From a BDC perspective, nothing has changed in terms of exposure from our earlier posts. This is likely to be a material setback for the Carlyle organization as its public and private BDCs TCG BDC (CGBD) and TCG BDC II are major lenders to the company. According to news report, Le Tote’s total debt is just $137mn and the Carlyle exposure is $27.9mn. (75% is held by the non-traded BDC). Furthermore, we’d guess the BDcs will have to recognize a substantial devaluation of their debt which was only discounted (7%), even though the debt is second lien in a business clearly headed to disaster. Judging by market conditions for retailers of every stripe and the junior position in the debt stack, this could result in a complete write-off for the two Carlyle entities. Investment income at risk is ($2.0mn) per annum.

Unless we’re much mistaken – which happens – this will be a black eye for the Carlyle Group’s BDC lending. It’s not just the amounts involved, which are relatively modest given the size of the two funds, but the very fact of choosing to lend as recently as IVQ 2019 in an industry where the word “apocalypse” is constantly being used. There’s been no discussion of this credit on CGBD’s past conference calls but the subject may get addressed when IIQ 2020 results are reviewed.

In the interim, we’ve downgraded Le Tote to CCR 5 and removed the name from our Weakest Links list (which is shrinking for all the wrong reasons). This is the second BDC-financed company to file for bankruptcy in August already and the 42nd for the year. See the BDC Credit Reporter’s Bankruptcy list.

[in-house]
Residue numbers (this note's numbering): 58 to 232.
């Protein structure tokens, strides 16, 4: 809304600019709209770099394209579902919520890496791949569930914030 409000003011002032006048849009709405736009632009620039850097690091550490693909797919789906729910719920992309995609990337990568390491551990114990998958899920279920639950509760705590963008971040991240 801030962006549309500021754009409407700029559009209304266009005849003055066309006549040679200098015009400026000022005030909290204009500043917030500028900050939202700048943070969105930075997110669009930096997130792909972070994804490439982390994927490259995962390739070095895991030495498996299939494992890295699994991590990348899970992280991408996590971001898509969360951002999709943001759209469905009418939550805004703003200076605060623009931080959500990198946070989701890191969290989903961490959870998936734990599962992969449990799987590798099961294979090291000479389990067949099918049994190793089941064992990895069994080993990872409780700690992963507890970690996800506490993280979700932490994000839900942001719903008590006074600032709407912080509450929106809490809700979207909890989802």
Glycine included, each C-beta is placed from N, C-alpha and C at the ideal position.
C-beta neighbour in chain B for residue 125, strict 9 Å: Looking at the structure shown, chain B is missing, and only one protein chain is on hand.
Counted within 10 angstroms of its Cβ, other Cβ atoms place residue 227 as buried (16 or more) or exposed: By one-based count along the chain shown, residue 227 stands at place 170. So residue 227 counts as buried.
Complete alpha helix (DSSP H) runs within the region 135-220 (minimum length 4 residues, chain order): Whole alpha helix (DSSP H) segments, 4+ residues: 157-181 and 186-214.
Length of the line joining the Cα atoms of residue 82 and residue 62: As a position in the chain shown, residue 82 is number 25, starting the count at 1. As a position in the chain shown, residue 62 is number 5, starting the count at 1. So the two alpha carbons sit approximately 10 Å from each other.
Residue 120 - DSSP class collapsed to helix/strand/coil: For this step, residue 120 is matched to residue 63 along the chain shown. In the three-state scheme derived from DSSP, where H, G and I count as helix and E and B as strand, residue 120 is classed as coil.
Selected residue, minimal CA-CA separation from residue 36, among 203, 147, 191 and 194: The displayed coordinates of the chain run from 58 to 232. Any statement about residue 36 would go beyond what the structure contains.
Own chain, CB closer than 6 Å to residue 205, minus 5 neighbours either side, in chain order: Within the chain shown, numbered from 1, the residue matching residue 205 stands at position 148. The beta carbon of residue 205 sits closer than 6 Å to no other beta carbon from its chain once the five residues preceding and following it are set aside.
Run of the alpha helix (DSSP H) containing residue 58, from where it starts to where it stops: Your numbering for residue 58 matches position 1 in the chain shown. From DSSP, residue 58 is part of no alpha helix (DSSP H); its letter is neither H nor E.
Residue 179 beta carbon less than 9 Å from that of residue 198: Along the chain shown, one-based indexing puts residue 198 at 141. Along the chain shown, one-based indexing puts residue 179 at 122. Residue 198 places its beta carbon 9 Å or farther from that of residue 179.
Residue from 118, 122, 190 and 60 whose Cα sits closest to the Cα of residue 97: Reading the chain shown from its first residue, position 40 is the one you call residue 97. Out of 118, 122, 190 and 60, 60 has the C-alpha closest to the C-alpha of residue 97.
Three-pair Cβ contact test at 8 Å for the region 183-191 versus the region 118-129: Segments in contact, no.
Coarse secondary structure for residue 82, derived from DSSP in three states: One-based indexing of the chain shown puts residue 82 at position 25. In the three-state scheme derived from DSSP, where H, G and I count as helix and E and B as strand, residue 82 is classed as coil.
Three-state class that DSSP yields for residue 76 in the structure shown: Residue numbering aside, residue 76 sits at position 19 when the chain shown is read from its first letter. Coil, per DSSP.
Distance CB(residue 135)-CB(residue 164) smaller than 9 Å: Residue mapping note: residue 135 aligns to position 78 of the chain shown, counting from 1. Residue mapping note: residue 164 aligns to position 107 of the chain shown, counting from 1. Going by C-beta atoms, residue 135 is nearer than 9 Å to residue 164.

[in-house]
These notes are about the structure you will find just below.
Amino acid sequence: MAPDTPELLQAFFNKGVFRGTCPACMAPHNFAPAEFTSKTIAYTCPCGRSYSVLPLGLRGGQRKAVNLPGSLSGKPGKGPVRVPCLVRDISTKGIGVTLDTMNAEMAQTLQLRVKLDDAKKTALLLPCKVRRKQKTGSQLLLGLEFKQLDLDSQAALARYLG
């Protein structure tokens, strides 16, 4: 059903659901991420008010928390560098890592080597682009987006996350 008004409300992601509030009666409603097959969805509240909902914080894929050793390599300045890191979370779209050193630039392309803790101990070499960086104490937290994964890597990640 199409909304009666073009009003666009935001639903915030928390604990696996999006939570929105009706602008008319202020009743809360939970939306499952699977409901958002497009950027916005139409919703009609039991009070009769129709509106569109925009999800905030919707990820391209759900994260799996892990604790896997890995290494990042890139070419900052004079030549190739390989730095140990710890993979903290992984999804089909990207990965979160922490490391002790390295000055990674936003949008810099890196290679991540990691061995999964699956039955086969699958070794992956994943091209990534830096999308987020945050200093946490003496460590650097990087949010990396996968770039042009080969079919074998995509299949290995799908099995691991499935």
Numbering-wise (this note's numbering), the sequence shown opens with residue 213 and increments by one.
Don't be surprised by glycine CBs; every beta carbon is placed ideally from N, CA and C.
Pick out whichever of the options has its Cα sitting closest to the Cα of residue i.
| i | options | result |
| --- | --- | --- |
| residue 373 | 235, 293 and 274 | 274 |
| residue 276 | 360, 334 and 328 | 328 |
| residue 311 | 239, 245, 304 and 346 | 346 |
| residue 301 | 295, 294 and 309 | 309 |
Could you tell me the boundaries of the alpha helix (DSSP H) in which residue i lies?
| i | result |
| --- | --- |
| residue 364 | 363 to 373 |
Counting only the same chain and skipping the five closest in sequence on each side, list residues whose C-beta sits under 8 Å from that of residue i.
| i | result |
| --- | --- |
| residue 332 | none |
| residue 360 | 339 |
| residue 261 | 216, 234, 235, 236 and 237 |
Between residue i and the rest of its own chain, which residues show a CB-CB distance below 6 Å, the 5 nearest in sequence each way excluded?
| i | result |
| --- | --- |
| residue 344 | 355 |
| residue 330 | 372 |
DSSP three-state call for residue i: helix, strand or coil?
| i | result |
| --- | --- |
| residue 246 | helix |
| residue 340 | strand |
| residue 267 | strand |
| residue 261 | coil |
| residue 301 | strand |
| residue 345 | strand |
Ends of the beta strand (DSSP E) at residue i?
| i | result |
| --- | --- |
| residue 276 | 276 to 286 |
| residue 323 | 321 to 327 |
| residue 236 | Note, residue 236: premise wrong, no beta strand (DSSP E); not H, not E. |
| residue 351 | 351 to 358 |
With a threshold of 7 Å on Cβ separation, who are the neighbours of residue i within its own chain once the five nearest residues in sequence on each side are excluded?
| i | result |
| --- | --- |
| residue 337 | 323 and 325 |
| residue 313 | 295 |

Men’s Wearhouse Inc. Files Chapter 11

On August 2, 2020 Tailored Brands – the parent of Men Wearhouse Inc. – filed Chapter 11. The BDC Credit Reporter has been writing about the troubled men’s clothes retailer since September 2019. In our most recent post on May 9, 2020 we predicted the company was likely to file for bankruptcy protection. In the last few days, the financial press has been abuzz with similar predictions. So, in two words: no surprise.

As per the new normal in leveraged lending, the company has agreed a restructuring plan with its senior lenders for a “debt to equity swap”, which will see $630mn of debt written off in return for a controlling interest in the business. In addition – and critically important from both a borrower and lender perspective because liquidity is tight and the future of all retail uncertain – the lenders are offering up $500mn in Debtor-In-Possession (“DIP”) financing. $400mn of that debt – unlike your bog standard DIP loan – will convert into longer term financing when the partly de-leveraged company exits bankruptcy. For more information, Tailored Brands has its own website on the subject.